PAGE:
In response to your letter cited I am to inform you that this office has no ob lection to re-designate the post of the Labour Welfare Officer of your factory as Assistant Personnel Manager (Welfare) in the circumstances explained therein and subject to the conditions of service already formulated not being altered.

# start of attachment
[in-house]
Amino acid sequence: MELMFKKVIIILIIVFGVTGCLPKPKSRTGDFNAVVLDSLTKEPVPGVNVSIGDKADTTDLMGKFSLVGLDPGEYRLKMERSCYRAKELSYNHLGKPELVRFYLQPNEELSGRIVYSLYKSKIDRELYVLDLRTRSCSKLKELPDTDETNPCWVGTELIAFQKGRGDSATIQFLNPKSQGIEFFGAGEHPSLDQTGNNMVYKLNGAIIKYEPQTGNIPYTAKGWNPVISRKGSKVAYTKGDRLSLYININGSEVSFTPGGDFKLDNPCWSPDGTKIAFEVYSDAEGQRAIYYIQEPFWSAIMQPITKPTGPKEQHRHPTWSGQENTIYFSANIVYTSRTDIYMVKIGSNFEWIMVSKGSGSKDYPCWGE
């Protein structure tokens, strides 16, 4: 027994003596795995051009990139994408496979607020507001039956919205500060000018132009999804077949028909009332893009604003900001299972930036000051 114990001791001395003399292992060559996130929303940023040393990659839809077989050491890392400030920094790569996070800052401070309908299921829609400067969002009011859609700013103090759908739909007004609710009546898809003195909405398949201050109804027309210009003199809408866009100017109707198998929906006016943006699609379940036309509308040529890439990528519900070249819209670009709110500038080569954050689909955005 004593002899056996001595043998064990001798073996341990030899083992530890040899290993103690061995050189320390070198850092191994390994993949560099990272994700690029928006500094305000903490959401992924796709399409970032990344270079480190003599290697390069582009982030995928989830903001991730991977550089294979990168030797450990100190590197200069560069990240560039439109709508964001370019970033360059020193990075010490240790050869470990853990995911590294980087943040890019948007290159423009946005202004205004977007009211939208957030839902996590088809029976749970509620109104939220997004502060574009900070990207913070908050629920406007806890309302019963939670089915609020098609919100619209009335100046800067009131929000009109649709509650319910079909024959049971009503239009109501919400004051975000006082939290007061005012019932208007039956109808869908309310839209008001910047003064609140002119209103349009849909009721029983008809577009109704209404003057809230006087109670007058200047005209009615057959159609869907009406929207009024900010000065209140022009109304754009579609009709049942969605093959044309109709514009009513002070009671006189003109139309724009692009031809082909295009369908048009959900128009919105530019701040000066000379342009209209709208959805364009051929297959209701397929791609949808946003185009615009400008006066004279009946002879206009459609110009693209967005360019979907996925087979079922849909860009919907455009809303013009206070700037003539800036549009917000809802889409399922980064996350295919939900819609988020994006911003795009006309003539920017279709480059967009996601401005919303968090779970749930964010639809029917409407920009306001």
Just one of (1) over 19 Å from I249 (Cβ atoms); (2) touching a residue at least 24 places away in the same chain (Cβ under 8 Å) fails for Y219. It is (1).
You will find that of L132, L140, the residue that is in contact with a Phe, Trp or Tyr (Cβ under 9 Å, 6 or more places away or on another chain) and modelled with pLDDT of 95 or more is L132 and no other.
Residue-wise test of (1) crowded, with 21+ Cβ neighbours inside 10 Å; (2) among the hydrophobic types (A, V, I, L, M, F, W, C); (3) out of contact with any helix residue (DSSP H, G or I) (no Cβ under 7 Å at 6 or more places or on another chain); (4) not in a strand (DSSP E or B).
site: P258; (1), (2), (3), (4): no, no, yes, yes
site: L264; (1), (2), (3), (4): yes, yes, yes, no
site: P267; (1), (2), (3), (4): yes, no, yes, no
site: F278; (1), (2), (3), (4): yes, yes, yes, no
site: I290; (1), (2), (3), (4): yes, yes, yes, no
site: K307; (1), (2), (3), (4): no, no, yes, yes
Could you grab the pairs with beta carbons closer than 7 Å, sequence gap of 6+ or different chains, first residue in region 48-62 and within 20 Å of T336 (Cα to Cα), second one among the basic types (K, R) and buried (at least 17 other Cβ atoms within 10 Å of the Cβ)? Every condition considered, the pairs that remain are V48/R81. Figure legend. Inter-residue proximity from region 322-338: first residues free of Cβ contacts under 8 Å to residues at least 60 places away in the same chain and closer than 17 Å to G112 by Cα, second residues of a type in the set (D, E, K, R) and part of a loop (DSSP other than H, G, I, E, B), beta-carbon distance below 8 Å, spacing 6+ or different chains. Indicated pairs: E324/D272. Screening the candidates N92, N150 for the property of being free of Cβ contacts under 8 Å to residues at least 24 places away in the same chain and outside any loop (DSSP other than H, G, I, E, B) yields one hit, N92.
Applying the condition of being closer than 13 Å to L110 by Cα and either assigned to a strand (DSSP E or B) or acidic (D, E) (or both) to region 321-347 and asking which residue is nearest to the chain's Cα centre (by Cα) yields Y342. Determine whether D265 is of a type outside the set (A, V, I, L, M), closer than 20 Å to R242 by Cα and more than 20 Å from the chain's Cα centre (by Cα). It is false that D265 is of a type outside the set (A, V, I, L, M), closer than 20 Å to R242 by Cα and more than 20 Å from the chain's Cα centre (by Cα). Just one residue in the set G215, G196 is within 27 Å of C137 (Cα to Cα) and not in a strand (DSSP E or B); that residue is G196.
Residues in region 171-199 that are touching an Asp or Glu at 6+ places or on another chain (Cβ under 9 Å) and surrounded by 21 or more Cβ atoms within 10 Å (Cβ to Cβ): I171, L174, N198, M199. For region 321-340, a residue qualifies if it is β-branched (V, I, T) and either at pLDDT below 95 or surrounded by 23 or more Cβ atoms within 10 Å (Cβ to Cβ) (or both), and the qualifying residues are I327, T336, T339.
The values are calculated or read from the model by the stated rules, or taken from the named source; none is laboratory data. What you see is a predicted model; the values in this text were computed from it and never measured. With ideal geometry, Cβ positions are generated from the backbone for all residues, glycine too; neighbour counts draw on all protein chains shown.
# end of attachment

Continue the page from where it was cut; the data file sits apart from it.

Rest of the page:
10. Thus, even though, the designation was to be changed from Labour Welfare Officer to Assistant Personnel Manager (Welfare), it was not permissible to the petitioner-company to alter the conditions of service-of the 2nd respondent, which conditions had already been formulated prior to 16th March, 1971. It must be pointed out that, when the 2nd respondent's designation was changed from Assistant Personnel Manager (Welfare) to that of Assistant Personnel Manager (Establishment) on 9th July, 1971, and subsequently when he was promoted with effect from 1st November, 1975, as Personnel Manager (Establishment) by the order, dated 3rd January. 1976, no intimation was sent by the petitioner-company to the Chief Inspector of Factories nor was the Chief Inspector of Factories informed whether there was any alteration in the conditions of service of the 2nd respondent.